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Murdoch will tarnish a journalistic jewel

The Mona Lisa should hang in a museum. The Statue of Liberty should stand unvarnished in New York Harbor. And The Wall Street Journal should be owned by a company dedicated to maintaining its integrity. Commentary by David Sweet.
Daryl Cagle
/ Source: contributor

The Mona Lisa should hang in a museum, not a subway platform. The Statue of Liberty should stand unvarnished in New York Harbor, not draped with corporate logos.

And The Wall Street Journal should be owned by a company dedicated to maintaining its integrity, not one grasping to find content for a yet-to-be-launched cable channel.

Unfortunately, the reality for America's premier business newspaper is quite different. According to reports, the Bancroft family has decided to cash out, accepting a $60-a-share offer for Dow Jones stock from News Corp.'s Rupert Murdoch. Both the Dow Jones board and the News Corp. board are scheduled to meet to approve the pact. Dow Jones will now be merely a division of a massive company — and The Wall Street Journal a relative pipsqueak in revenue compared to, say, "The Simpsons."

It didn't have to be this way. Dow Jones stock was priced at $70 in early 2000 without buyout offers. Since then, The Wall Street Journal Online has added about 600,000 paid subscribers (many big-city dailies don't even have that many customers after generations in business). Though Dow Jones has its troubles like all media companies, its properties aren't bleeding subscribers or advertisers. The Bancrofts can enjoy their big payday, but what they're giving up — stewardship of an American institution — no amount of money can replace.

Though I’ve never worked for News Corp., I was employed by Dow Jones for five years at The Wall Street Journal Online. There, I wrote a column — one that was fortunate enough to appear in print form scores of times in The Wall Street Journal. During that span, I witnessed the workings of a rare news-gathering operation.

Standards are the lifeblood of WSJ and its related properties. Back in 1998, a source called to ask me to attend a World Series game with him at Yankee Stadium. When the request was shared with’s managing editor, it was denied — even if I paid for the ticket — because it was a ticket I was unlikely to be able to procure on my own, thus making me indebted to the source if I accepted it. Along the same lines, I remember being told in a meeting that not only were advertising representatives who sold for on a different floor; we weren't even allowed to know their names. That way, ad reps and their clients could never influence a story.

It is hard to imagine that News Corp. — a juggernaut with more than $25 billion in revenue in 2006 — will keep such ideas in place, considered almost relics in a struggling business. Since Murdoch’s bid was announced, The Wall Street Journal has excelled at covering the story about itself. If bad news erupts about News Corp., will Murdoch dare let reporters investigate the problem and potentially scare off advertisers?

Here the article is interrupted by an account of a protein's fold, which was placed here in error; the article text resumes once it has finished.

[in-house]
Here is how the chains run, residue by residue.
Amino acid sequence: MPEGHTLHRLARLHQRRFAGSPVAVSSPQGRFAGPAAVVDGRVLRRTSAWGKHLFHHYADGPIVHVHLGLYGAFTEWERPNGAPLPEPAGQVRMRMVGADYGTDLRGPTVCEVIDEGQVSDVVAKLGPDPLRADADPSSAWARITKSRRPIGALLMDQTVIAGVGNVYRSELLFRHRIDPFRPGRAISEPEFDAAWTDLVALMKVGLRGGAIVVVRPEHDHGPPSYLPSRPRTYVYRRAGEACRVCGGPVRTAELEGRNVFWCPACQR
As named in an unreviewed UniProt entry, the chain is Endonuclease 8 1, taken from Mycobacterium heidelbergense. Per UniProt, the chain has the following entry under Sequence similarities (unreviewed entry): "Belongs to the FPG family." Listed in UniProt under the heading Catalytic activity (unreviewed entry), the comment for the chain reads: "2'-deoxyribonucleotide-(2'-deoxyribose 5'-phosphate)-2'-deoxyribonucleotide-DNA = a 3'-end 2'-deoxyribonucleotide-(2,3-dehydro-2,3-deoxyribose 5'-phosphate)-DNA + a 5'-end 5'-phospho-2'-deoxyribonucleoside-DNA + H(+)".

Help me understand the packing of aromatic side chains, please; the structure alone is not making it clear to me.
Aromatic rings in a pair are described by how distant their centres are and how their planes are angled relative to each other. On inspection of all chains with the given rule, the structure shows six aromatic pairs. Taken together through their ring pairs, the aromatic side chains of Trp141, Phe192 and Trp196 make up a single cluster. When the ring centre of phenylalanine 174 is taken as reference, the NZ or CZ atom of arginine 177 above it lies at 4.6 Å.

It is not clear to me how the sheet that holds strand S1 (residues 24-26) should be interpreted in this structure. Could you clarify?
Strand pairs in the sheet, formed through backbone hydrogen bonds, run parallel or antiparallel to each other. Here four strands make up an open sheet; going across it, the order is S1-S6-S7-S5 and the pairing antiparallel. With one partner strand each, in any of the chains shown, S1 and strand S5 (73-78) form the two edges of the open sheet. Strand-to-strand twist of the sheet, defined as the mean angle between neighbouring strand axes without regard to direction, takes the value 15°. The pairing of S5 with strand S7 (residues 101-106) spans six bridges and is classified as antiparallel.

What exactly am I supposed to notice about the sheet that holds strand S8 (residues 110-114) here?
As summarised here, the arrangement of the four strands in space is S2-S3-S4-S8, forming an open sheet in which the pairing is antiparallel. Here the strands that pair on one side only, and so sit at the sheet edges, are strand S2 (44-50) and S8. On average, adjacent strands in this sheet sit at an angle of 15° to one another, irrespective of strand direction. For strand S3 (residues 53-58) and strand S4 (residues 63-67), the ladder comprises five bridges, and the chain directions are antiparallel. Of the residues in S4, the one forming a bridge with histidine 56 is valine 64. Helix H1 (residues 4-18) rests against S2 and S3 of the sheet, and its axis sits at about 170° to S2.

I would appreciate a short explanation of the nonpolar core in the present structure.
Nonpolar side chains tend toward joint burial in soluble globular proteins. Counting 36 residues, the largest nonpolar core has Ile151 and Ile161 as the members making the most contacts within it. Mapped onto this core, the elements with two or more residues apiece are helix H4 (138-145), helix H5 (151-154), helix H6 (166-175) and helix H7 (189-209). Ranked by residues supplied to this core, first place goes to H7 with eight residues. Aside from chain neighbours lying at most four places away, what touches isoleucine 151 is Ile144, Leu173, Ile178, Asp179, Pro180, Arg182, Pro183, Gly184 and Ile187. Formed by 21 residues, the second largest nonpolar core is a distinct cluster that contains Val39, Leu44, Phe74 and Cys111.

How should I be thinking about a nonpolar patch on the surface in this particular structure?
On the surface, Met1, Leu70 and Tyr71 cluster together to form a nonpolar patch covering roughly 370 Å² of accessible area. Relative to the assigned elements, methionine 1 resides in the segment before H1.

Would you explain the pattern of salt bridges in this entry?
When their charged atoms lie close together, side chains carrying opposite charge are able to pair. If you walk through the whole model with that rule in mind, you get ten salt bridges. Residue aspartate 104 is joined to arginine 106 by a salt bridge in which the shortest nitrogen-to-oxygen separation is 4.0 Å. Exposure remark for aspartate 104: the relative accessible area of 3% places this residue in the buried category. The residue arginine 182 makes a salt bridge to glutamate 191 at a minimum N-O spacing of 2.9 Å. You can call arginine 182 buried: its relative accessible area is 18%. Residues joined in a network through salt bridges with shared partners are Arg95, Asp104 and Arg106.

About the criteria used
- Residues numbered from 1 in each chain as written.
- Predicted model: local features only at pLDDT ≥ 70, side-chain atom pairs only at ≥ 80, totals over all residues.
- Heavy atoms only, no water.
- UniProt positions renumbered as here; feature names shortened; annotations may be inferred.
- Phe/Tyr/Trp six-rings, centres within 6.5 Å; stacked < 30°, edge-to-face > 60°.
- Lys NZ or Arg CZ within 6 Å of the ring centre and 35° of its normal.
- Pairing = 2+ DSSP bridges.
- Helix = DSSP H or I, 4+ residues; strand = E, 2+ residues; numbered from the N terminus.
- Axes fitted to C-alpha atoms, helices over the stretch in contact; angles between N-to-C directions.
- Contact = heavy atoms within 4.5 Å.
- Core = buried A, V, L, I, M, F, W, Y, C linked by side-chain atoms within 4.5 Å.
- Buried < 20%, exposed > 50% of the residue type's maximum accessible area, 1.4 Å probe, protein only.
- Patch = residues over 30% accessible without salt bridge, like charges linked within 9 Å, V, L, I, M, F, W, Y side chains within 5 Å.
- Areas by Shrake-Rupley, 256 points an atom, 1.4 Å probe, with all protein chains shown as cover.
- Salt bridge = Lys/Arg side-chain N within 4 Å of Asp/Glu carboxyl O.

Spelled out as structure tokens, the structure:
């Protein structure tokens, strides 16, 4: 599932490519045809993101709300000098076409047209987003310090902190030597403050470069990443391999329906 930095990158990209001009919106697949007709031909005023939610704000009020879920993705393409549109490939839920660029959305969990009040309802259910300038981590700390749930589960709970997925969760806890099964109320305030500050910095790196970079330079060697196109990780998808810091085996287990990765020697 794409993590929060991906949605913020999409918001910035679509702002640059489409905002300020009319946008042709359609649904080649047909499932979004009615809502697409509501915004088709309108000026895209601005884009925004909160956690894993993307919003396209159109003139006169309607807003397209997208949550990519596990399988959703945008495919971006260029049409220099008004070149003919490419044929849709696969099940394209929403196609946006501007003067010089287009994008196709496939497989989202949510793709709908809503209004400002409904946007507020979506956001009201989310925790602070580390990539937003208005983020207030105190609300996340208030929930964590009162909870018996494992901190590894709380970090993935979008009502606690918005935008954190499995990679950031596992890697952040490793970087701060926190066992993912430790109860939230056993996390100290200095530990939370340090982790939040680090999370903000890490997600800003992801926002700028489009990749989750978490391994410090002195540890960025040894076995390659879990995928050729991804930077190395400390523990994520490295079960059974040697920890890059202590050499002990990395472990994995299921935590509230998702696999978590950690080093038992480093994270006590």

Since the pay at The Wall Street Journal is somewhat paltry compared to other giants such as The New York Times, for many the pride of saying you work for the most-respected newspaper in the U.S. is a currency that can not be measured. I remember headaches there, to be sure — labor negotiations were always contentious, with management routinely offering a 2 percent annual raise and the IAPE union posting angry missives on bulletin boards. Yet even as brickbats were tossed, Dow Jones chairman Peter Kann (a Pulitzer Prize winner) would be seen lunching with reporters or informally chatting with employees he had just met in elevators. And, whatever their pay gripes, when reporters opened the paper with their bylines gracing the pages of a journalistic jewel — illustrated by its unique dot drawings — it all seemed to be worth it at One World Financial Center.

But with News Corp. running the show, the Journal will lose prestige. When News Corp. buys a property, unfortunate changes are afoot. Just like The Wall Street Journal is a trophy in journalism, that’s what the Los Angeles Dodgers were in baseball when News Corp. grabbed them almost a decade ago. A franchise which had enjoyed a run of only three managers in more than 40 years went through two in the first two years of Murdoch’s reign. The pristine, classic uniforms were not good enough — an alternate jersey was added.

Though it may seem strange in a stubborn, dying industry, for newspapers, image is crucial. Consider: The New York Times may add sections, splash color across the pages and change its look in many ways over generations, but its Gothic-like masthead remains sacrosanct; readers wouldn’t consider it The New York Times with modern lettering. The Journal’s stature suffered earlier this year when it shrank its column width, giving the classic broadsheet less heft. Known for publishing pictures of topless girls in his tabloids, Murdoch running The Wall Street Journal is a blow to its stately image.

No one can complain that he will be an uncaring, absentee owner. The problem is, the opposite will be true: The successful Australian tycoon, who owns a slew of television networks, satellite businesses and newspapers, cares deeply about possessing WSJ. Though he will be savvy enough not to do anything radical in the first few months or even years of his ownership, he will, eventually, meddle — this will be his trophy property, and he has strong ideas of what it should look like. Why offer a more than 60 percent premium on the pre-bid stock price if he can't put his stamp on it?

Readers of The Wall Street Journal, take note. The newspaper you've cherished during morning train rides and quiet lunches may end up oddly disfigured — like the Mona Lisa with a mustache.